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© 1998-2001 Dru Pagliassotti
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Surviving Mother Nature


Most RPG adventures pit the player characters against a villain, be it monster or human. There's something satisfyiing about such plots. Good versus evil is central to our human storytelling culture.
But once in a while you can give the PCs an even greater challenge by pitting them against a completely neutral foe.
The planet itself.

Weather, climate, terrain, disasters—all of these affect the world around us every day. People freeze to death, die of dehydration, are lost at sea, are killed in an earthquake, are made homeless by a hurricane. Yet how often does weather, terrain, or natural disaster figure in an RPG adventure? Sure, you wouldn't want to use it all of the time. Heroes can't wrestle down an earthquake; they can't imprison a tornado. But they can survive one, or help others survive one, and sometimes that provides as much an opportunity for heroism and roleplaying as would deafeating any nefarious villain bent on world destruction.
So next time you plan an adventure, think about throwing in an even greater threat to the PCs' survival than another cackling necromancer, raging motorcycle gang, evil Dark Lord of Sith, or army of ghouls and zombies.

Weather. Many worldbuilders are good at setting terrain, but have problems figuring out weather patterns. Sure, we all know it's colder toward the poles and warmer toward the equator, but other than that? The site What Forces Affect Our Weather? will help worldbuilders figure out when and where certain weather phenomona should occur. Those building Earthlike worlds, or running games set on earth, may want to check out online and downloadable Global Climate Maps, which provide tons of information about anything you'd want to know about weather around the world. And if you want to work some wild weather into your game, check out About's list of links to Disasters and Hazards like avalanches, fires, glaciers, hurricanes, storms, tornadoes, tsunamis and volcanos.
Less ambitious players and GMs might be interested in Frugal's page, which offers a neat list of natural signs of impending weather—how to "read" the weather from clouds, insect behavior, smoke movement, and so forth.
Sometimes, however, a global view isn't necessary. The adventure is going to occur in the arctic, in the desert, on the ocean ... so all the GM cares about are the specific dangers of those types of climate or terrain. Survival guides for each abound on the web, if you know where to look.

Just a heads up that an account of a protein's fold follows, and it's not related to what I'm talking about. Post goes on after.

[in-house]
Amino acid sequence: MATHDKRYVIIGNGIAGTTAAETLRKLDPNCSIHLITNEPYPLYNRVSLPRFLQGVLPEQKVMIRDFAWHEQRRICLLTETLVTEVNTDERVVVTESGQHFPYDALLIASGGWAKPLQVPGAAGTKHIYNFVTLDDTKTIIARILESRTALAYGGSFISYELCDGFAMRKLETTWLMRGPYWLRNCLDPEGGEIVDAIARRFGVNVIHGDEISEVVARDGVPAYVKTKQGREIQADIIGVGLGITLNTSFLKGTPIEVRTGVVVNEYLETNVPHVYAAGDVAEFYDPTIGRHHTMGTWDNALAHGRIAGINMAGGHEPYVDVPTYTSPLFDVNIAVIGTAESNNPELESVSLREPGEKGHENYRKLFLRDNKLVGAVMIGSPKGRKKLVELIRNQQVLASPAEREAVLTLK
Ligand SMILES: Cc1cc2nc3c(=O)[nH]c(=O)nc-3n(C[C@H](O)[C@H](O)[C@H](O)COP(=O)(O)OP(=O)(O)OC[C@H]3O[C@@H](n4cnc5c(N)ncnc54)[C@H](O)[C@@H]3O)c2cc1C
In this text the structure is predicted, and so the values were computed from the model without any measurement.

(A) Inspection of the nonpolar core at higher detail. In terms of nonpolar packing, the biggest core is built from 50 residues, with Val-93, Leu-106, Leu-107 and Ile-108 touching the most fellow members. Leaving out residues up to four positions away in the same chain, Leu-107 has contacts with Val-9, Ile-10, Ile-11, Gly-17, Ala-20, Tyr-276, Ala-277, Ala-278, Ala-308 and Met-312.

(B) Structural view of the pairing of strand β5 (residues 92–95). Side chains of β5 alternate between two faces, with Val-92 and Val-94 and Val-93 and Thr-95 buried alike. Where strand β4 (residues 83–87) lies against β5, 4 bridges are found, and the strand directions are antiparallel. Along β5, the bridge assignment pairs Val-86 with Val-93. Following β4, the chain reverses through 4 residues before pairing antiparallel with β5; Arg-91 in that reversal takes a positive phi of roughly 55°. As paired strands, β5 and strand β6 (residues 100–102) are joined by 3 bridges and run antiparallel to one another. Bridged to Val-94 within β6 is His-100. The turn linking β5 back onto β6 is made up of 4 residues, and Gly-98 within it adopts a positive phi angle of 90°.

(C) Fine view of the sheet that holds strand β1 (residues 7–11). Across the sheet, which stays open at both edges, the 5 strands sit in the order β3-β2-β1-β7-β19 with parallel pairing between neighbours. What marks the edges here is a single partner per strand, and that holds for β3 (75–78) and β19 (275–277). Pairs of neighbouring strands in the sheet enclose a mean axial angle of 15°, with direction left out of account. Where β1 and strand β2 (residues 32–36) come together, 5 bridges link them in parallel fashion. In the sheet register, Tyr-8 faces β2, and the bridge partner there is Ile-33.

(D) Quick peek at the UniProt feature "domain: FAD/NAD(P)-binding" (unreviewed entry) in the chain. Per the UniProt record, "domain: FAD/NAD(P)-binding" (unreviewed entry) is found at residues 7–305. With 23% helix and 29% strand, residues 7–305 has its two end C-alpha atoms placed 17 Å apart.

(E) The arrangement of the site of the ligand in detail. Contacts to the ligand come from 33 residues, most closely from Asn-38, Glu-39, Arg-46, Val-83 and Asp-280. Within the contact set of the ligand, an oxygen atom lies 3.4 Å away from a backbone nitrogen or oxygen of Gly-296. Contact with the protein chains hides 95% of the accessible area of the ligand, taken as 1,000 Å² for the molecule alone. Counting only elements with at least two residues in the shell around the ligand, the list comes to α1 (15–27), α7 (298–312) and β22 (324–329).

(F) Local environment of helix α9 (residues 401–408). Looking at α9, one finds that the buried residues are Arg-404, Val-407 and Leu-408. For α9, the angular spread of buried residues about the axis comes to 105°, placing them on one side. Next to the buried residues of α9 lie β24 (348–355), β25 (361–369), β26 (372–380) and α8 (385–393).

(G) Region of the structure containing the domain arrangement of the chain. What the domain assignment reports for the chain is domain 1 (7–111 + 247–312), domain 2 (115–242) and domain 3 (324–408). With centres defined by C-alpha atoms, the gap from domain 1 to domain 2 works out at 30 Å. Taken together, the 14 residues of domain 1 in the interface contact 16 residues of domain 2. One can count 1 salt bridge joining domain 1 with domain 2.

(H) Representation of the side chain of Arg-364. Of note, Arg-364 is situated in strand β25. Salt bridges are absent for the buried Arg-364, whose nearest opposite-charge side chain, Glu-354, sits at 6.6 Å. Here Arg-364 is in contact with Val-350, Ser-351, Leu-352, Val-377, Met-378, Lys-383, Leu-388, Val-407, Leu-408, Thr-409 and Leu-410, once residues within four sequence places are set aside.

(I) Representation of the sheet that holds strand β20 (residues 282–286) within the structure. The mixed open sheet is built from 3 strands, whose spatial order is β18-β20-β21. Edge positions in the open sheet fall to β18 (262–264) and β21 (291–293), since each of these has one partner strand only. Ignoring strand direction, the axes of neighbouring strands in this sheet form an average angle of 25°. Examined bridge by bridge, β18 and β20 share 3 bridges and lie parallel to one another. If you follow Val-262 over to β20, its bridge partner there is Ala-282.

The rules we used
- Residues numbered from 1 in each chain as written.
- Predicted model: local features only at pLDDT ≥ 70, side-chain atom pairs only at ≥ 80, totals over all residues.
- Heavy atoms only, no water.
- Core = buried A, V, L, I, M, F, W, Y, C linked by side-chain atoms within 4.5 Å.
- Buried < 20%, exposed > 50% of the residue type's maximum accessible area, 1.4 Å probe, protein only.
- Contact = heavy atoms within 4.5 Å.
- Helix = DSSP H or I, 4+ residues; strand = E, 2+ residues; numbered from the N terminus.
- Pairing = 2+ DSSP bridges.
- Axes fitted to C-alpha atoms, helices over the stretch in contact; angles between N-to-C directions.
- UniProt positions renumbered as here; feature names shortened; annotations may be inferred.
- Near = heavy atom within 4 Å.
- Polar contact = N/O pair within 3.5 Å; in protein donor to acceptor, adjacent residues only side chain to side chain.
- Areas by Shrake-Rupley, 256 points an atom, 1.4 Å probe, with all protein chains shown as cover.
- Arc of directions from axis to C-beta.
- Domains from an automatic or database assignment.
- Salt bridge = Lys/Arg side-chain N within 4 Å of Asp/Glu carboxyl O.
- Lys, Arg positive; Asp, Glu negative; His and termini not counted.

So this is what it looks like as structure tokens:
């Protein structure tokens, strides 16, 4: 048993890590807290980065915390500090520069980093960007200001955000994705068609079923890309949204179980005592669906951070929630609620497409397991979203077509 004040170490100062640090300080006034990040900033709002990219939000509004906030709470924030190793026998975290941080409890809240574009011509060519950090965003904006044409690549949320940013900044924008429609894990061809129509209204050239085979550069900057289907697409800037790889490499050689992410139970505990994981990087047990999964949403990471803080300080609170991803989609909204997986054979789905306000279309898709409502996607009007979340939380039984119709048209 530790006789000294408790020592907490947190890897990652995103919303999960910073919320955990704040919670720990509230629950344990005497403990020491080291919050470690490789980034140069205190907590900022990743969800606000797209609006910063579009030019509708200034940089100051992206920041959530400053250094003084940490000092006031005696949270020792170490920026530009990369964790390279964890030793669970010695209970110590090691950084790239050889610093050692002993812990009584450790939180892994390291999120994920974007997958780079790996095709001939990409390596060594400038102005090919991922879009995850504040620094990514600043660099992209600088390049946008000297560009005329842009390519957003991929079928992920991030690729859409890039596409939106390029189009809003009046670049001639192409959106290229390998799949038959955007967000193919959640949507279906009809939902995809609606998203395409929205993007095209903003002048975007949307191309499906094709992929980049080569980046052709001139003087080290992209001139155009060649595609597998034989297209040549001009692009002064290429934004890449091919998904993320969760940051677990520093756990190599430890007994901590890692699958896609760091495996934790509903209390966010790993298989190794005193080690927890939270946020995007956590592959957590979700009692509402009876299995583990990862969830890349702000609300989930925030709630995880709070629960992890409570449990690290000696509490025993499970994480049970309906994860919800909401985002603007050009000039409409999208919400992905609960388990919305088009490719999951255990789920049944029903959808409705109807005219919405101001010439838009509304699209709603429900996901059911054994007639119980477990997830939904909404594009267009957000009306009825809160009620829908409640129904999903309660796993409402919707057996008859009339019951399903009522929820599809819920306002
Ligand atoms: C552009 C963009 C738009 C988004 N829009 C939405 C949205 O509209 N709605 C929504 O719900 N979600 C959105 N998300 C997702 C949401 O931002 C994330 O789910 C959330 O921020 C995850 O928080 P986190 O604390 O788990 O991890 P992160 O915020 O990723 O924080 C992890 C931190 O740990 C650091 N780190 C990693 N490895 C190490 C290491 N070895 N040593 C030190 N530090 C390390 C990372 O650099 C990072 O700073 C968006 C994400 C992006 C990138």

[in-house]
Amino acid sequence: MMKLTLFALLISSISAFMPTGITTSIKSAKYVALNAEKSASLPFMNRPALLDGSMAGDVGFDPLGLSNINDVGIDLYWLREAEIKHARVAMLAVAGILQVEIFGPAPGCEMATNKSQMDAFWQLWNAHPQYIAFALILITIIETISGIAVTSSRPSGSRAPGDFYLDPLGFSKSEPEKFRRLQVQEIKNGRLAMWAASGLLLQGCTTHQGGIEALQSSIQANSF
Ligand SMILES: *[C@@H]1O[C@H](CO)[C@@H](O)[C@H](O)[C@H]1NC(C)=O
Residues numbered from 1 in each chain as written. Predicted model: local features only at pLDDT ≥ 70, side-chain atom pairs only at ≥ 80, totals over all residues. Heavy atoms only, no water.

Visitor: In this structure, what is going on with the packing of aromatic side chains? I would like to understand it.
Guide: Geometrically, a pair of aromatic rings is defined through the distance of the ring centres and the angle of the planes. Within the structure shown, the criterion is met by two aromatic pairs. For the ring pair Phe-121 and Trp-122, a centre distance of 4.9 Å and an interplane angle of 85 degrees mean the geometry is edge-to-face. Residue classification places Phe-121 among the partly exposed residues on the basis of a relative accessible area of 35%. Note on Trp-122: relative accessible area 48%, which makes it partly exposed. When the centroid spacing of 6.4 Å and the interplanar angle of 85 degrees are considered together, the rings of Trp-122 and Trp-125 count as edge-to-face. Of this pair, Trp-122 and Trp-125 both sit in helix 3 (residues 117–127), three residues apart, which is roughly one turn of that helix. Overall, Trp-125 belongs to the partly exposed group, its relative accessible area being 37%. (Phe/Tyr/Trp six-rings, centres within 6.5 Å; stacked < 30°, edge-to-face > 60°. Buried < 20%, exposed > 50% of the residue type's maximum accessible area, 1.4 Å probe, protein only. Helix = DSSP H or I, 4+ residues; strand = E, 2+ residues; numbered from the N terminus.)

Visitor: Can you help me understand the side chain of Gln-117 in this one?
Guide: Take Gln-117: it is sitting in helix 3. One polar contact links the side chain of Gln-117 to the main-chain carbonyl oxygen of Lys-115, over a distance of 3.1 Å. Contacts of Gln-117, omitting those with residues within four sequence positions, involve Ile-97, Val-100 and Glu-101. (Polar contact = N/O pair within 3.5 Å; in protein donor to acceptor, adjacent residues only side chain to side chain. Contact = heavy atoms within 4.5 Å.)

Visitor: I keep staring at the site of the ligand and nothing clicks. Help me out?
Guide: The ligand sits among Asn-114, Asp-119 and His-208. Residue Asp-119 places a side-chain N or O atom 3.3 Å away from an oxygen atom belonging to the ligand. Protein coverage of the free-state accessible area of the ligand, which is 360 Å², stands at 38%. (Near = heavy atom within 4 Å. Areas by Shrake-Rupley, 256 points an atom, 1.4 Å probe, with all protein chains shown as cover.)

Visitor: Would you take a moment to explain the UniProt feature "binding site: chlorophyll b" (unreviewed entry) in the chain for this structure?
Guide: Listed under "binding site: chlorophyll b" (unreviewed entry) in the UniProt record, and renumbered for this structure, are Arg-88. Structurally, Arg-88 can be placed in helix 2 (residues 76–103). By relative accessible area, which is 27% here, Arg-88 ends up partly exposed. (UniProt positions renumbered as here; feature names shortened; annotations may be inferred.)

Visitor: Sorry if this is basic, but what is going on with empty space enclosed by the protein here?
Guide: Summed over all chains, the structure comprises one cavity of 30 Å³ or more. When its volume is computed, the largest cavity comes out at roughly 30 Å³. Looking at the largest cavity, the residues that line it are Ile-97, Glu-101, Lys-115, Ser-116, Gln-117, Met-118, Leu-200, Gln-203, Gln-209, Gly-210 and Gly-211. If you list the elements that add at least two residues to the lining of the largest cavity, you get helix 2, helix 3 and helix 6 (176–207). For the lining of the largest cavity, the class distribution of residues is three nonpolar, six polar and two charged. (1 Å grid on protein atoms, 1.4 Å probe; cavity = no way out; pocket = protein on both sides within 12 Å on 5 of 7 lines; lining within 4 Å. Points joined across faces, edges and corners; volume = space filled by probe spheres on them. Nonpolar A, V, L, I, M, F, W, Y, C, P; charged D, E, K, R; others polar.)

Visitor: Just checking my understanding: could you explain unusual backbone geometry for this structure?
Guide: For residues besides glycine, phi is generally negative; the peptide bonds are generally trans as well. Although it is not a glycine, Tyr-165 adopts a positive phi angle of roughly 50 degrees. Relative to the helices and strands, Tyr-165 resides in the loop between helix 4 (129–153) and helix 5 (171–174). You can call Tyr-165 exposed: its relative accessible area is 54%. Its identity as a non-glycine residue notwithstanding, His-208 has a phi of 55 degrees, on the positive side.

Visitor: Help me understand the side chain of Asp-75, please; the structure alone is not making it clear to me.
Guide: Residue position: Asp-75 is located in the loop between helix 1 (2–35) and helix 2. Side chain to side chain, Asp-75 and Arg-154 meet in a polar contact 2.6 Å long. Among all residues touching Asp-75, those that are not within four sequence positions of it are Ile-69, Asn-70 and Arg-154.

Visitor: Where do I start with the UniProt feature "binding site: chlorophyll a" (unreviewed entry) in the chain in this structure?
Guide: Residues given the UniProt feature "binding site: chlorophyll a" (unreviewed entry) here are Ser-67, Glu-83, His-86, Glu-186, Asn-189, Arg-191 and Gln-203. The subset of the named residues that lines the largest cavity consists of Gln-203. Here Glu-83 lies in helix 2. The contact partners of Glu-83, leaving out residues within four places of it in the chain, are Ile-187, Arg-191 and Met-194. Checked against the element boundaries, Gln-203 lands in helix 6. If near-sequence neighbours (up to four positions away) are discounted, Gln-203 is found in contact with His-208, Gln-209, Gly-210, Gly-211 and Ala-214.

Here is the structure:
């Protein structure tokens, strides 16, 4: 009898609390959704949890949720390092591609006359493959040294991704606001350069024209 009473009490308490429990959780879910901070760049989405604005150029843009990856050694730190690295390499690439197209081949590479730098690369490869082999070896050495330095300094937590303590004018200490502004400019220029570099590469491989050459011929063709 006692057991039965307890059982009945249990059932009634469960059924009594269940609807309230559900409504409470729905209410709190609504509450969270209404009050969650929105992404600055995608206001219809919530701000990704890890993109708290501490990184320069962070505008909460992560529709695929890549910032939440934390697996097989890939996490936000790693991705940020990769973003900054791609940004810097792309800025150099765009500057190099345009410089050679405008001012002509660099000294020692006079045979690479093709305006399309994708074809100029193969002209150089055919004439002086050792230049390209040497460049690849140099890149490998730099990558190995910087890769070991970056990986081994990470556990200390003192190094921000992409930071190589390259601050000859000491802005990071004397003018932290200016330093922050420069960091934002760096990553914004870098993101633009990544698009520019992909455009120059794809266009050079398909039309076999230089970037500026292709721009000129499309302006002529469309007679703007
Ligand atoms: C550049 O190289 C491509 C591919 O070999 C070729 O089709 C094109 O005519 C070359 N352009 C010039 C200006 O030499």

General Survival. First, general survival guides are fun reading not only for "Survivor" show fans and campers, but also for any GM who'd like to bring some realism into a game. The Aviation Survival Guide contains wonderful chapters on desert survival, tropical survival, cold weather survival, and sea survival, as well as many other useful wilderness and disaster survival tips.
The Survivor Center's General Survival Guide provides more basic information on shelter and food. The center's Survival Medical FAQ would make interesting reading for a GM running a modern-day game who'd like to deal with, for example, dangers of old medicines or problems with hypothermia or dehydration.
Since finding food is always a survival issue, some GMs and readers might be interested in checking out Buckshot's Camp, filled with articles on trapping and preparing animals for dinner. Frugal has some sure-to-make-PCs-squirm pages on eating insects and eating reptiles, too. (As an iguana-pet owner myself, that last one made me wince a lot!) Be sure to check out the info on finding, using, and cleaning water, too.
Finally, FEMA's Preparing for a Disaster site offers advice on preparing for natural and man-made disasters, from earthquakes to nuclear war. (Another site deals more extensively with survivalism and nuclear war.) GMs could use these tips as hints on what kinds of events, problems, and secondary damage could be caused by a natural (or man-made) disaster in a game.

Deserts. Running a desert game? I remember an AD&D game where our characters had to cast the spell "Purify Water" on our own urine so that we could drink it when our water ran out. Ick. In addition to the Aviation Survival guide mentioned above, Dusty Dan's Desert Survival page lists info on desert terrain, climate, and dangers, great reading for a GM. He also offers general desert and desert camping information. Frugal's desert page lists interesting factoids like how much water a person needs to survive, how long until a person dehydrates, and so forth.

Cold Weather. In another game, I nearly had a Deadlands character freeze to death in a snowstorm ... he never failed to pack warm clothes after that! To supplement the cold weather survival info in the Aviation Survival Guide, check out this illustrated article on how to build a snow cave. In addition, About offers a number of links to winter camping information. This article on hypothermia is also important when dealing with cold weather. Finally, Frugal offers a tip that the writers of The Empire Strikes Back must have read ... how to keep warm in a blood bath.

Sea Survival. There are more dangers in the open water than sharks and pirates. The Aviation Survival guide links to sea survival, but another article of interest concerns hypothermia and cold water survival, offering info about the "Rule of 50" and the "mammalian diving reflex." A "Titantic" reprise, anyone?

There's nothing more dangerous, arbitrary, and careless of human life than our own planet Earth. Weather can't be stared down; terrain can't be reasoned with. Laws won't control it and punishment won't affect it. Teach your players some respect for this powerful force ... run an adventure that pits them against the most perilous foe of all, Mother Nature!

originally written February 9, 2001

 

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